Some Health Quaries & Answers

Not a death knell :
Q: My 54 year-old widowed mother has been diagnosed with diabetes. She works as a secretary. Following the diagnosis she has given up her job and sits at home staring at the television. She insists she is very sick.


A: The diagnosis may have been a shock and she may be feeling depressed. You have to explain to her that it is not a terminal disease. It can be easily brought under control with a 1,500 calorie diet, regular exercise (walking for 40 minutes a day) and the prescribed medication.

This way she can lead a long and healthy life. Failure to adhere to this may result in complications.

Fat, but can’t walk
Q: I have arthritis of the knees. Walking is painful, so I have been taking rest. In the process, I put on 15kg. Now the doctor says I must lose weight. I cannot walk. Dieting is not effective at all. What am I to do?

A: You can lose only a certain amount of weight with dieting alone. If you are sitting at home with nothing else to do, the hunger pangs can be devastating. You could purchase a recline exercise cycle. In that you actually sit with a backrest and cycle. It is easy on the knees. Two hours of cycling and a calorie-restricted diet will guarantee weight loss!

Do sunglasses help?
Q: Do wearing sunglasses in India help in any way?

A: Sunglasses are not just fashionable. Good quality glasses with ultra violet protection prevent premature ageing of the eye, cataract formation and yellowing of the sclera.

Stop smoking
Q: My leg feels numb and I cannot walk more than 100m without feeling pain. I am 26 years old and smoke around 20 cigarettes a day.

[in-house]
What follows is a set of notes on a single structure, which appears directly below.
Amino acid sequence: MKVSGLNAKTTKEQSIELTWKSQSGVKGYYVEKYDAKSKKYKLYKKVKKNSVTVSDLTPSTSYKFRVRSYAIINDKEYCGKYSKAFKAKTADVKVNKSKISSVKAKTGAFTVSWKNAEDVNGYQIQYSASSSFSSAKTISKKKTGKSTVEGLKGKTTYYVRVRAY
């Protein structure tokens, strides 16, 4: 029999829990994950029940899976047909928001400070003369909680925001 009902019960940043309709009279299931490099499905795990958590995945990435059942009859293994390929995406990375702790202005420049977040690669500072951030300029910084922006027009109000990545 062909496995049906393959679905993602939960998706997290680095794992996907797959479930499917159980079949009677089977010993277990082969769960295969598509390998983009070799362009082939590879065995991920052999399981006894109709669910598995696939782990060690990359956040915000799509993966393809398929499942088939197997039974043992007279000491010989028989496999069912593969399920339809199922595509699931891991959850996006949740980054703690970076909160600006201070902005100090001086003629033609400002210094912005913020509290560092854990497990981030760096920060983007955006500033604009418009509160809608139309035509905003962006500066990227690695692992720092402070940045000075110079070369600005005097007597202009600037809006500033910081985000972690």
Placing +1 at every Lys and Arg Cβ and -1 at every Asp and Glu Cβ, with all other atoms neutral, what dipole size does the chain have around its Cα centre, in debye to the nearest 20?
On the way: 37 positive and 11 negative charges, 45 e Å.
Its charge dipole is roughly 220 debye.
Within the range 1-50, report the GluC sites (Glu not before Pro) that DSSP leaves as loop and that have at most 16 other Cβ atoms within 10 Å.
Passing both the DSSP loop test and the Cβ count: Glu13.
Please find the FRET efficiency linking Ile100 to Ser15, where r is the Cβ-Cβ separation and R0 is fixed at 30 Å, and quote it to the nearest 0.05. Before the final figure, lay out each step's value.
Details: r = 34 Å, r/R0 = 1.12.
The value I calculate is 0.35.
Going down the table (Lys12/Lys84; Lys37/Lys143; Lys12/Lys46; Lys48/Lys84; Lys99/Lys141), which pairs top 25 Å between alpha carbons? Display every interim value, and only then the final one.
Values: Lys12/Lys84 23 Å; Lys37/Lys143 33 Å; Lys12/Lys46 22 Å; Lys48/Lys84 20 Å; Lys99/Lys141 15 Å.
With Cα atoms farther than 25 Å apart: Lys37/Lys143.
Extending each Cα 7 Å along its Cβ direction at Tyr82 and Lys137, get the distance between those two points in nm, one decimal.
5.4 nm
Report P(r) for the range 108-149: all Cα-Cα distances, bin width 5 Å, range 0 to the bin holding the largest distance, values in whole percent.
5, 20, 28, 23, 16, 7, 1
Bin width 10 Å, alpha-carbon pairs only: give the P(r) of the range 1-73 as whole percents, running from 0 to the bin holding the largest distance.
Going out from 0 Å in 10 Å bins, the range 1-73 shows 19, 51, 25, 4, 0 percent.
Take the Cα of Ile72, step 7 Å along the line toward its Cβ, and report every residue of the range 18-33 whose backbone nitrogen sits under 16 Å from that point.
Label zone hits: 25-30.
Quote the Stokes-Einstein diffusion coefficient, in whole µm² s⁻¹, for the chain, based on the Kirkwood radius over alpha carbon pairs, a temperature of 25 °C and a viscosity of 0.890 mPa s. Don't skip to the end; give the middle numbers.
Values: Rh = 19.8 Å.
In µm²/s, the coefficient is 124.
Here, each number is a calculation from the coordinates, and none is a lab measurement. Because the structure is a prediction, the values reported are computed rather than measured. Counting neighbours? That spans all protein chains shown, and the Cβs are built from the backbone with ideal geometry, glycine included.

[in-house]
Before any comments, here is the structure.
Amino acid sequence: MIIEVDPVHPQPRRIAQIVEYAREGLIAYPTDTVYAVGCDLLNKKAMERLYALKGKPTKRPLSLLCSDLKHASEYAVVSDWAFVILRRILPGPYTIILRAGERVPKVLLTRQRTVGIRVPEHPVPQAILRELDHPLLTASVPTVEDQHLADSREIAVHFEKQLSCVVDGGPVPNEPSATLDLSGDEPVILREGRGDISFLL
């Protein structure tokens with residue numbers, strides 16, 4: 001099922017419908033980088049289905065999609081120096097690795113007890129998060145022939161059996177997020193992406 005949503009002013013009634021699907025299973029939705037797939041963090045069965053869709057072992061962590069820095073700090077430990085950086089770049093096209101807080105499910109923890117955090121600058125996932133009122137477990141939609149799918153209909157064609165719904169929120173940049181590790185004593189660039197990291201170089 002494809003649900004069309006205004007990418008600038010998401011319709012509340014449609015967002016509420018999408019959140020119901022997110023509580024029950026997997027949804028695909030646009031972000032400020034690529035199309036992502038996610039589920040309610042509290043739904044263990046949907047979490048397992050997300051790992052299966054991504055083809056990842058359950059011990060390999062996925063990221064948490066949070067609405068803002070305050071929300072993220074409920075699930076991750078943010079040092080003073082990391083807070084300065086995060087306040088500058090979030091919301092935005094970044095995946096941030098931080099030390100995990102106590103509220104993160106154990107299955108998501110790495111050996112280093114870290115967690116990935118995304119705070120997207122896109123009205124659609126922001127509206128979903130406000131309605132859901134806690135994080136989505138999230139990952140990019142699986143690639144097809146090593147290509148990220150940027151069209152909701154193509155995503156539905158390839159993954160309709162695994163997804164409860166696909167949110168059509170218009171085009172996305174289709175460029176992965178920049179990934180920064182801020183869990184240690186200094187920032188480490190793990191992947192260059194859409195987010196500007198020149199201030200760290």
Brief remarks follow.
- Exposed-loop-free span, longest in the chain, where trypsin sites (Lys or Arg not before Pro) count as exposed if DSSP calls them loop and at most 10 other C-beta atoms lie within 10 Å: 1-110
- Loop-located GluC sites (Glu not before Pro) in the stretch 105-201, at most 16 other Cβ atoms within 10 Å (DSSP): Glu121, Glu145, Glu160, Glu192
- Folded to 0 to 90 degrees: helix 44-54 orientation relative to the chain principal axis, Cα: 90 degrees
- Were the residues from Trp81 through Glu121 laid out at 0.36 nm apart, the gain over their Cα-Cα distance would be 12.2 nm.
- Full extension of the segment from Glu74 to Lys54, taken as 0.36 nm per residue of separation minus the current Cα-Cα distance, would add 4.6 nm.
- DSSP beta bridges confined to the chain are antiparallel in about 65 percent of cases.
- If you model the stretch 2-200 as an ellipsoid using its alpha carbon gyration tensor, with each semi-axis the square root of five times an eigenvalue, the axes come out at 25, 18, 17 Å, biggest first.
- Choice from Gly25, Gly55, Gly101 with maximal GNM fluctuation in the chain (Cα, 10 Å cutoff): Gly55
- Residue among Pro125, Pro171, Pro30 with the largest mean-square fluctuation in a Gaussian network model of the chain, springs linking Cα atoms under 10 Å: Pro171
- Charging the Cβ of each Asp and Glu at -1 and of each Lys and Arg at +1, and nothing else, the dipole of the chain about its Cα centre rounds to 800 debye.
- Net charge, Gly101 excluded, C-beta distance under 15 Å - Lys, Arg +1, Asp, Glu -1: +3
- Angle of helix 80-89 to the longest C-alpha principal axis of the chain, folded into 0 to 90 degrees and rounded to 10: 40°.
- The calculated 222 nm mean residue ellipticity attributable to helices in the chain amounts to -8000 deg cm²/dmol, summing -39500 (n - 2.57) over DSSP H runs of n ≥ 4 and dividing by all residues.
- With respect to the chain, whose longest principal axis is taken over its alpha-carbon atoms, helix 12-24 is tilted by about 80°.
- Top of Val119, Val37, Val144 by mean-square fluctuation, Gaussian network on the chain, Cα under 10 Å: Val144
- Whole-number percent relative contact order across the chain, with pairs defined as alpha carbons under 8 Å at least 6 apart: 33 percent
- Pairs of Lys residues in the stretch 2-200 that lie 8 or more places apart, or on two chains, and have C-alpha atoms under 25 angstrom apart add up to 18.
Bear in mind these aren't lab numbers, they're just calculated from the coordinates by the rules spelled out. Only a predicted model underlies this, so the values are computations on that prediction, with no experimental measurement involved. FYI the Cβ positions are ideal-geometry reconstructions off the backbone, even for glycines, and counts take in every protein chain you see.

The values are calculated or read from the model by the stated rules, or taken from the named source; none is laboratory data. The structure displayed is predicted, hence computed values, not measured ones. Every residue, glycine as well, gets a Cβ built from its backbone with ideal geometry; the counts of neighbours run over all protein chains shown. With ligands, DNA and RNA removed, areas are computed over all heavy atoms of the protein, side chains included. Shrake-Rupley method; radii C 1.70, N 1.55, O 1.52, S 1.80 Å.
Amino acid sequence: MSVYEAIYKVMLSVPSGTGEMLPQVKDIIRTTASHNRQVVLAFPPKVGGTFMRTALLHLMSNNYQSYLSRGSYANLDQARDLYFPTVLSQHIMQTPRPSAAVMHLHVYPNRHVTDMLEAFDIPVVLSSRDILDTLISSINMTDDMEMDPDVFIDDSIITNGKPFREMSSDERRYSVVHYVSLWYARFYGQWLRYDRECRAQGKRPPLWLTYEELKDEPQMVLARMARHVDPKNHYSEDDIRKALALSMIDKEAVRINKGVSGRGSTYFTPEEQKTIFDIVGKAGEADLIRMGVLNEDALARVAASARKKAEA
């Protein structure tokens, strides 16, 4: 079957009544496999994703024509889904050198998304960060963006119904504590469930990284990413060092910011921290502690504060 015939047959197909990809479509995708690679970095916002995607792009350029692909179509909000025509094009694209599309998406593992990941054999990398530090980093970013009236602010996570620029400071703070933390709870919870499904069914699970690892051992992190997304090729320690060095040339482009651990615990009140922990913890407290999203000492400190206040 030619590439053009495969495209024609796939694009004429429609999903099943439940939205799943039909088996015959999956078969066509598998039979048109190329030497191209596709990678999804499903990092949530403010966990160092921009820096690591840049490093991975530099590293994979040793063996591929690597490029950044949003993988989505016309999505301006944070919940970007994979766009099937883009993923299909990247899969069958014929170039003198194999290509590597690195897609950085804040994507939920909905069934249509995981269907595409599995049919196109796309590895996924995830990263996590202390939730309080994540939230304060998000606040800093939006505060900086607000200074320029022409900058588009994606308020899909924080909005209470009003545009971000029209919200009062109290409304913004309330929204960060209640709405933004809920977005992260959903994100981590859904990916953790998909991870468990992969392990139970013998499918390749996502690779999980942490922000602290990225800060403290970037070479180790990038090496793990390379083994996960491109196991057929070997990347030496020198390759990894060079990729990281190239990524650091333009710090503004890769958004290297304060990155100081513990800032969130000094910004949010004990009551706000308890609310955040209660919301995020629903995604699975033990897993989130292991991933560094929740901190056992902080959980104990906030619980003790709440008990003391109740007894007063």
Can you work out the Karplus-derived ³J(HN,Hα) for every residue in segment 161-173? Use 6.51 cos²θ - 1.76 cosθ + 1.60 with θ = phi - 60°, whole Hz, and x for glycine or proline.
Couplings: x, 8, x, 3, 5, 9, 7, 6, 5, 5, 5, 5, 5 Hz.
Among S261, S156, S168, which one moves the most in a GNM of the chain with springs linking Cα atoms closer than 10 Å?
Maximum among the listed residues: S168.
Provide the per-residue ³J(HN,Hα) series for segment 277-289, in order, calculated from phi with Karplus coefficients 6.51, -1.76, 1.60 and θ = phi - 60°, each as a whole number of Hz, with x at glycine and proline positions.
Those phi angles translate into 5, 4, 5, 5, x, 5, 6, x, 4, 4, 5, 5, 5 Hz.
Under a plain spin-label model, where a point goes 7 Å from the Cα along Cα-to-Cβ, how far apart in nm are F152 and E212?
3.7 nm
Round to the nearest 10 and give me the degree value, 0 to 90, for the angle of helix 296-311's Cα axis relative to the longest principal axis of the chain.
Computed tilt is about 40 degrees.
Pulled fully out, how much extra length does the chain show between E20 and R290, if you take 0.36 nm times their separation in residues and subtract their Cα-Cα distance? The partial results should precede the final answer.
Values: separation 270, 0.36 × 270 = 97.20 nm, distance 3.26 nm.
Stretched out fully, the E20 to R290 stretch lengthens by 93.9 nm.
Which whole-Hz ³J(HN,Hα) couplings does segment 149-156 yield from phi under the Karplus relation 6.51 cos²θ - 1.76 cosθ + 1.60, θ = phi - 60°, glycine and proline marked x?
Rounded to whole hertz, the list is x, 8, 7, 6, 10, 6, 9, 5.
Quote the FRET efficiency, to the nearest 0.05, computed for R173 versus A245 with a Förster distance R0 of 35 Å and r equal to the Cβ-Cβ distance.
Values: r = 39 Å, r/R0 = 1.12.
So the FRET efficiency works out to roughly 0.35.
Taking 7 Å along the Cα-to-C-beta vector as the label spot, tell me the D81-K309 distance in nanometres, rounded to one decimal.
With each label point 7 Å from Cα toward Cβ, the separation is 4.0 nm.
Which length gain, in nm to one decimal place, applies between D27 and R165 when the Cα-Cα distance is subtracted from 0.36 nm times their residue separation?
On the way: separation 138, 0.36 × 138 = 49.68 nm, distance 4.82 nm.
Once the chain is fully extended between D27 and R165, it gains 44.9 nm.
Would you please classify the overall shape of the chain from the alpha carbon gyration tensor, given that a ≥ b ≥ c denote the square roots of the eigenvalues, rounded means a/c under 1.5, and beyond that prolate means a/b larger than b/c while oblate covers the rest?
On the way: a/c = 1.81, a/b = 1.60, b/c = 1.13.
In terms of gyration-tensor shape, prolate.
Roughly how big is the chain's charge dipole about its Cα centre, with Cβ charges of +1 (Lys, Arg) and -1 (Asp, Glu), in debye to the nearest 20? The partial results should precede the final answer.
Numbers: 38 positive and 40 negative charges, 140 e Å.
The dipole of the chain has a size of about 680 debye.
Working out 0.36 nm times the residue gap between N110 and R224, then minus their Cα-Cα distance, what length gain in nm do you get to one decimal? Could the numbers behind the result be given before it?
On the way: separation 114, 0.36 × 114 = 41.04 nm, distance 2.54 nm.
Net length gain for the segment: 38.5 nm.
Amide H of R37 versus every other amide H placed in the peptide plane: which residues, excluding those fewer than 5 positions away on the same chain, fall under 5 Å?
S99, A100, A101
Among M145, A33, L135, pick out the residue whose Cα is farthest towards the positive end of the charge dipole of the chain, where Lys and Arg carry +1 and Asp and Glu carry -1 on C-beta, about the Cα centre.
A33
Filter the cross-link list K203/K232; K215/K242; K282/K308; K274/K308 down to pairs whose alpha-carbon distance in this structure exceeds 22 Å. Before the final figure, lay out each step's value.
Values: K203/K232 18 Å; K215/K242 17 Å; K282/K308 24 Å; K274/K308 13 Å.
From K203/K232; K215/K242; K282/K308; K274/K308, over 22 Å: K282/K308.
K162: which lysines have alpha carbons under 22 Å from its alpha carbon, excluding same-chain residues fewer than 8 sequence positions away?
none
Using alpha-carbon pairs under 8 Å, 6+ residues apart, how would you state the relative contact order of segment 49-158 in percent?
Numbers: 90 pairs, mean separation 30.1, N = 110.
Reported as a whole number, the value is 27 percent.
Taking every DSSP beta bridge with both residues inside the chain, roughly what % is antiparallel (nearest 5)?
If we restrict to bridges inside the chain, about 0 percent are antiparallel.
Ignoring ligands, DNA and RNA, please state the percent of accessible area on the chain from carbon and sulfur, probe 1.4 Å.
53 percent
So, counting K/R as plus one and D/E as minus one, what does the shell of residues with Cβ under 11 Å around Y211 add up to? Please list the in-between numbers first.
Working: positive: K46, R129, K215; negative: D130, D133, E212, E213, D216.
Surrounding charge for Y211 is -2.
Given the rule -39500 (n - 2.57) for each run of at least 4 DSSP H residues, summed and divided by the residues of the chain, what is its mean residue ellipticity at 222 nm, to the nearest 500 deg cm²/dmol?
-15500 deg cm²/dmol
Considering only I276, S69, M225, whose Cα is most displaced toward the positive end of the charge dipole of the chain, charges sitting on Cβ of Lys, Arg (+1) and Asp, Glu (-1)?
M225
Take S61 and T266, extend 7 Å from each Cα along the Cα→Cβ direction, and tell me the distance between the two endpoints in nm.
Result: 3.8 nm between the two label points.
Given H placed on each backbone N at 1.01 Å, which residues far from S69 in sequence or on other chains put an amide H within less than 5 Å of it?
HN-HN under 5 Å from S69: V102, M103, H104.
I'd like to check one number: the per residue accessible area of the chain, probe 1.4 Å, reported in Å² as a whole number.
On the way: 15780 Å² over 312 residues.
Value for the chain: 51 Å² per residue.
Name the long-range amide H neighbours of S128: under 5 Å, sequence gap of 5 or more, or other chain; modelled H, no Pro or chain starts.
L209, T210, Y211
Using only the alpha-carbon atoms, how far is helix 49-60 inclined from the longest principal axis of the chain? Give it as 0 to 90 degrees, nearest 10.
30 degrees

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A: The nicotine and other poisonous chemicals in cigarettes constrict the blood vessels. When the main blood vessels are affected intermittent claudication (pain on walking a certain distance relieved by rest) develops. When the blood supply to the nerves is affected tingling and numbness develops. It is better for you to stop smoking altogether. It offers no benefits, is expensive and in your case is adversely affecting your health.

Lots of red blood cells
Q: I have been suffering from drowsiness and feel uneasiness in the chest in the morning hours. I have consulted doctors and after various pathological tests found that I have excessive haemoglobin (last test reveals 21.0 g/dl). I was told I had polycythemia and was advised to remove 250ml of blood from my body twice a week. This is frightening and I do not understand why a high haemoglobin count is considered bad and not healthy.

A: Polycythemia is a condition in which there is a net increase in the total number of red blood cells in the body. This may be a response to low oxygen levels in the body as a result of smoking, renal or liver tumours, haemangioblastomas in the central nervous system, heart or lung diseases, or endocrine abnormalities. It can occur in athletes who dope themselves with high testosterone levels. High levels of haemoglobin increase the viscosity of the blood. This can lead to blockages and strokes. If you live at a high altitude, are a smoker, or have any of the correctable causes listed above, you can be cured once the underlying disease is treated. Otherwise removal of the blood at regular periodic intervals is the only solution.

Help, I’m bald
Q: I have lost a great deal of hair and am now bald. Can I use minoxidil?

A: Hair loss and hereditary baldness do respond to minoxidil. The problem is that the lotion has to be applied regularly. The hair which grows is fine and silky (lanugo hair) and tends to fall out soon after the applications are stopped.


Source
: The Telegraph (Kolkata, India)

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